This report details a first-in-human experience with intracoronary transplantation of autologous bone marrow CD34+ cells for intractable angina. The study design was based on preclinical data that provided evidence that selected CD34+ cells were safer and more effective for revascularization of ischemic myocardium. The target population in this study, with a condition estimated to have an annual incidence in China of 300,000 per year, included patients with class III and class IV angina refractory to medical treatment and not amenable to revascularization. Features that distinguish this trial from previous reports include the fact that (1) it was performed in China, (2) its patients experienced angina with chronic ischemia, (3) selected CD34+ stem cells collected from the bone marrow were used, and (4) the more convenient method of intracoronary transplantation. This pilot study provided evidence for safety and feasibility and also revealed trends that favor the treatment versus control in all of the parameters assessed.

Acknowledgements

The authors gratefully acknowledge the support of Ying Han, MD, and Zhijun Yang, MD, in the inception and completion of this project. The authors thank Wei Sun, MD, for technical support during the study. We also thank Qibo Cheng, MD, for administrative support.


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  26. Parisi AF, Folland ED, Hartigan P; Veterans Affairs ACME Investigators: A comparison of angioplasty with medical therapy in the treatment of single-vessel coronary artery disease. N Engl J Med 1992;326:10–16.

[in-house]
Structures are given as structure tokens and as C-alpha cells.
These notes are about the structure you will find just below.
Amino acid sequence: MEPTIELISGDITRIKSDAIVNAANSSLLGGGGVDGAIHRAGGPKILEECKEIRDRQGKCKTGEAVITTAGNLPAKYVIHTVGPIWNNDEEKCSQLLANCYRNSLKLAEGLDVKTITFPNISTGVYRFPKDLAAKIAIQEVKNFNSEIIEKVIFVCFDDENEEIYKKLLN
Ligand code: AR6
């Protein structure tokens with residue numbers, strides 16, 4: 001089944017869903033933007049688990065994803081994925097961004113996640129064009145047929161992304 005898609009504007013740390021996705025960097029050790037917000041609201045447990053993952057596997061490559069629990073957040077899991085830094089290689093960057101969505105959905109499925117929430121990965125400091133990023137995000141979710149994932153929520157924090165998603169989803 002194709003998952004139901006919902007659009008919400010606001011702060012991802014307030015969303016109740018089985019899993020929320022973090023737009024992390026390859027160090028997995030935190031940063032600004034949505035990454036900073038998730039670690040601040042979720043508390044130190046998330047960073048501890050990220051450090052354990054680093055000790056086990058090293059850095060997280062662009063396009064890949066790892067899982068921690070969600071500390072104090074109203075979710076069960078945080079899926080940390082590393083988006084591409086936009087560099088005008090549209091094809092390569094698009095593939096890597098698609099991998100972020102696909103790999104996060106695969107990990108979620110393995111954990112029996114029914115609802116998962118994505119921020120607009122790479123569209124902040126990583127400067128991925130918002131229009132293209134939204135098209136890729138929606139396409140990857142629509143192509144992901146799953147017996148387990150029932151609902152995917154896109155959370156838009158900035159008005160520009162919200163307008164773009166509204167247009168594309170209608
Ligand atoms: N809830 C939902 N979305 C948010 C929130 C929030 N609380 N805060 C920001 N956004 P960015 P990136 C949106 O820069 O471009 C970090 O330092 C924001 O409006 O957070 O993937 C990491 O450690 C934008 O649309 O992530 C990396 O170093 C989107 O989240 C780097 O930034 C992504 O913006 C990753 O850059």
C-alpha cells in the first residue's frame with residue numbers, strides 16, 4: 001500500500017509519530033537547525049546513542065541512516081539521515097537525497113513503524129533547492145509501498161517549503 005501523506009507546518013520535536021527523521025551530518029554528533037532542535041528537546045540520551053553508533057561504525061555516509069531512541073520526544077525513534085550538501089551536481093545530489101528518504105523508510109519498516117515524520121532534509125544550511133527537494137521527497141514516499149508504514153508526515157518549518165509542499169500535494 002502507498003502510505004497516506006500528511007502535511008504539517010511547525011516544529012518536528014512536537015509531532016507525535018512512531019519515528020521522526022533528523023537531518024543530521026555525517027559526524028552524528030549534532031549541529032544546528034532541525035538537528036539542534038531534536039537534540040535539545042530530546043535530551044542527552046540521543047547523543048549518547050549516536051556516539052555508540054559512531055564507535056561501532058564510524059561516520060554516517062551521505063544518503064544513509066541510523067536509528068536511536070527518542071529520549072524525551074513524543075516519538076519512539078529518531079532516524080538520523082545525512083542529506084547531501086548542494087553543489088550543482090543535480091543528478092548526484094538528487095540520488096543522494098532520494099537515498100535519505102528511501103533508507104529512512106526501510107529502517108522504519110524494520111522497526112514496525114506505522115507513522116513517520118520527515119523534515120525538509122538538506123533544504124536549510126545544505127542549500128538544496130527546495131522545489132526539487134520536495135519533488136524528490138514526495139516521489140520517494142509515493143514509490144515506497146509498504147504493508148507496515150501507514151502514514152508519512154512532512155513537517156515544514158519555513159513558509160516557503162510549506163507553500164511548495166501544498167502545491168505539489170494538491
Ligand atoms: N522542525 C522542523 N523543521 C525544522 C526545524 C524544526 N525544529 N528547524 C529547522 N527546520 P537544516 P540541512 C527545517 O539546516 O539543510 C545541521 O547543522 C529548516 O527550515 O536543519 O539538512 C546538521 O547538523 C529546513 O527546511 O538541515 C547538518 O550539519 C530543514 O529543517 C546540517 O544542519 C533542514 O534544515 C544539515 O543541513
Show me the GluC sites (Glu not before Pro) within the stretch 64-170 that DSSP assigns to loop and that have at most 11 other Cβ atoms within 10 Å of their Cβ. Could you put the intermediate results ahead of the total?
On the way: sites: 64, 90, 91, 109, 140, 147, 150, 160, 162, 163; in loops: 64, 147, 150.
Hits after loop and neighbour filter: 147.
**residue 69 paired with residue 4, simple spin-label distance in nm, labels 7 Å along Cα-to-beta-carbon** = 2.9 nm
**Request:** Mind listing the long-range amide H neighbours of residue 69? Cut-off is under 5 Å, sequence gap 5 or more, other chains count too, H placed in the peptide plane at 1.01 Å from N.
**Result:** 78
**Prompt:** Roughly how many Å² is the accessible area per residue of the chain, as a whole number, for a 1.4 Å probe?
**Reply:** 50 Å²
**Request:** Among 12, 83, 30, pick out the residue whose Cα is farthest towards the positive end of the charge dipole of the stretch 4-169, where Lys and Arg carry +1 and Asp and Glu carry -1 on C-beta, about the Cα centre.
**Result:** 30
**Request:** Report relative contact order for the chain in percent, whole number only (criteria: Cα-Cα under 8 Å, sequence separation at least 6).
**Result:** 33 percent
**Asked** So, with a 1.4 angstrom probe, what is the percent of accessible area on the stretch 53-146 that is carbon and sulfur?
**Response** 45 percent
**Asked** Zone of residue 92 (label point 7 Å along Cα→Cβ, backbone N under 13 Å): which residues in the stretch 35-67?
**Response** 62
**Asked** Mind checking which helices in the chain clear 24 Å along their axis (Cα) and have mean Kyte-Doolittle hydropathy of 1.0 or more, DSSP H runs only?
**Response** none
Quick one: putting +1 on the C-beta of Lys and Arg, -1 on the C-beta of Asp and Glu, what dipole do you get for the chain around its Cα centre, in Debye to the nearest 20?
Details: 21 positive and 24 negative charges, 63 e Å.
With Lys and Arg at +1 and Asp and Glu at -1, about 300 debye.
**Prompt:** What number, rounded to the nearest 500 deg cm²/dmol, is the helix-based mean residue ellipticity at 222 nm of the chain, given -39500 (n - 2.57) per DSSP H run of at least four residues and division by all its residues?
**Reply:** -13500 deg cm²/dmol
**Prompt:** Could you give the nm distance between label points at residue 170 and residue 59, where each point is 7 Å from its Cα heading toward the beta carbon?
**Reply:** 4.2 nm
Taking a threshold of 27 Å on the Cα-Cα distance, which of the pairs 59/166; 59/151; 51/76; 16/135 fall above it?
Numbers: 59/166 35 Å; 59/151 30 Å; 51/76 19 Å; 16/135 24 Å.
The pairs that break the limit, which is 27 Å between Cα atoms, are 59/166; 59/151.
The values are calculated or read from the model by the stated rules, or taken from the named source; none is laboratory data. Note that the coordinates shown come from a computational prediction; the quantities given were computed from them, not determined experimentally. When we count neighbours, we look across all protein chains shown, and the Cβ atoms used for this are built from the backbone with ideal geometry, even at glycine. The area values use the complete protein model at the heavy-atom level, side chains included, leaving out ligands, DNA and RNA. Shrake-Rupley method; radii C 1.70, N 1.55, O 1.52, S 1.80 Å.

27. Red-Horse K, Ferrara N: Imaging tumor angiogenesis. J Clin Invest 2006;116:2585–2587.
  28. Bialostozky D, Rodríguez-Diez G, Zazueta C: Apoptosis detection in cardiovascular diseases through nuclear cardiology SPECT images (in Spanish). Arch Cardiol Mex 2008;78:217–228.
  29. Russell RR 3rd, Zaret BL: Nuclear cardiology: present and future. Curr Probl Cardiol 2006;31:557–629.
  30. Blocklet D, Toungouz M, Berkenboom G, Lambermont M, Unger P, Preumont N, Stoupel E, Egrise D, Degaute JP, Goldman M, Goldman S: Myocardial homing of nonmobilized peripheral-blood CD34+ cells after intracoronary injection. Stem Cells 2006;24:333–336.
  31. Syed MA, Paterson DI, Ingkanisorn WP, Rhoads KL, Hill J, Cannon RO 3rd, Arai AE: Reproducibility and inter-observer variability of dobutamine stress CMR in patients with severe coronary disease: implications for clinical research. J Cardiovasc Magn Reson 2005;7:763–768.

Author Contacts

Shihong Wang, MD

Department of Cardiovascular Medicine

General Hospital of Beijing Military Region of PLA

Nan Men Cang 5, Dongcheng District, Beijing 100700 (China)

Tel. +86 10 6672 6929-8034, Fax +86 10 6672 1161, E-Mail Shihongw1@yahoo.com.cn


Article / Publication Details

First-Page Preview
Abstract of Original Research

Received: May 24, 2010
Accepted: July 28, 2010
Published online: October 23, 2010
Issue release date: November 2010

Number of Print Pages: 8
Number of Figures: 1
Number of Tables: 3

ISSN: 0008-6312 (Print)
eISSN: 1421-9751 (Online)

For additional information: http://www.karger.com/CRD


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    External Resources
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  27. Red-Horse K, Ferrara N: Imaging tumor angiogenesis. J Clin Invest 2006;116:2585–2587.
  28. Bialostozky D, Rodríguez-Diez G, Zazueta C: Apoptosis detection in cardiovascular diseases through nuclear cardiology SPECT images (in Spanish). Arch Cardiol Mex 2008;78:217–228.
  29. Russell RR 3rd, Zaret BL: Nuclear cardiology: present and future. Curr Probl Cardiol 2006;31:557–629.
  30. Blocklet D, Toungouz M, Berkenboom G, Lambermont M, Unger P, Preumont N, Stoupel E, Egrise D, Degaute JP, Goldman M, Goldman S: Myocardial homing of nonmobilized peripheral-blood CD34+ cells after intracoronary injection. Stem Cells 2006;24:333–336.
  31. Syed MA, Paterson DI, Ingkanisorn WP, Rhoads KL, Hill J, Cannon RO 3rd, Arai AE: Reproducibility and inter-observer variability of dobutamine stress CMR in patients with severe coronary disease: implications for clinical research. J Cardiovasc Magn Reson 2005;7:763–768.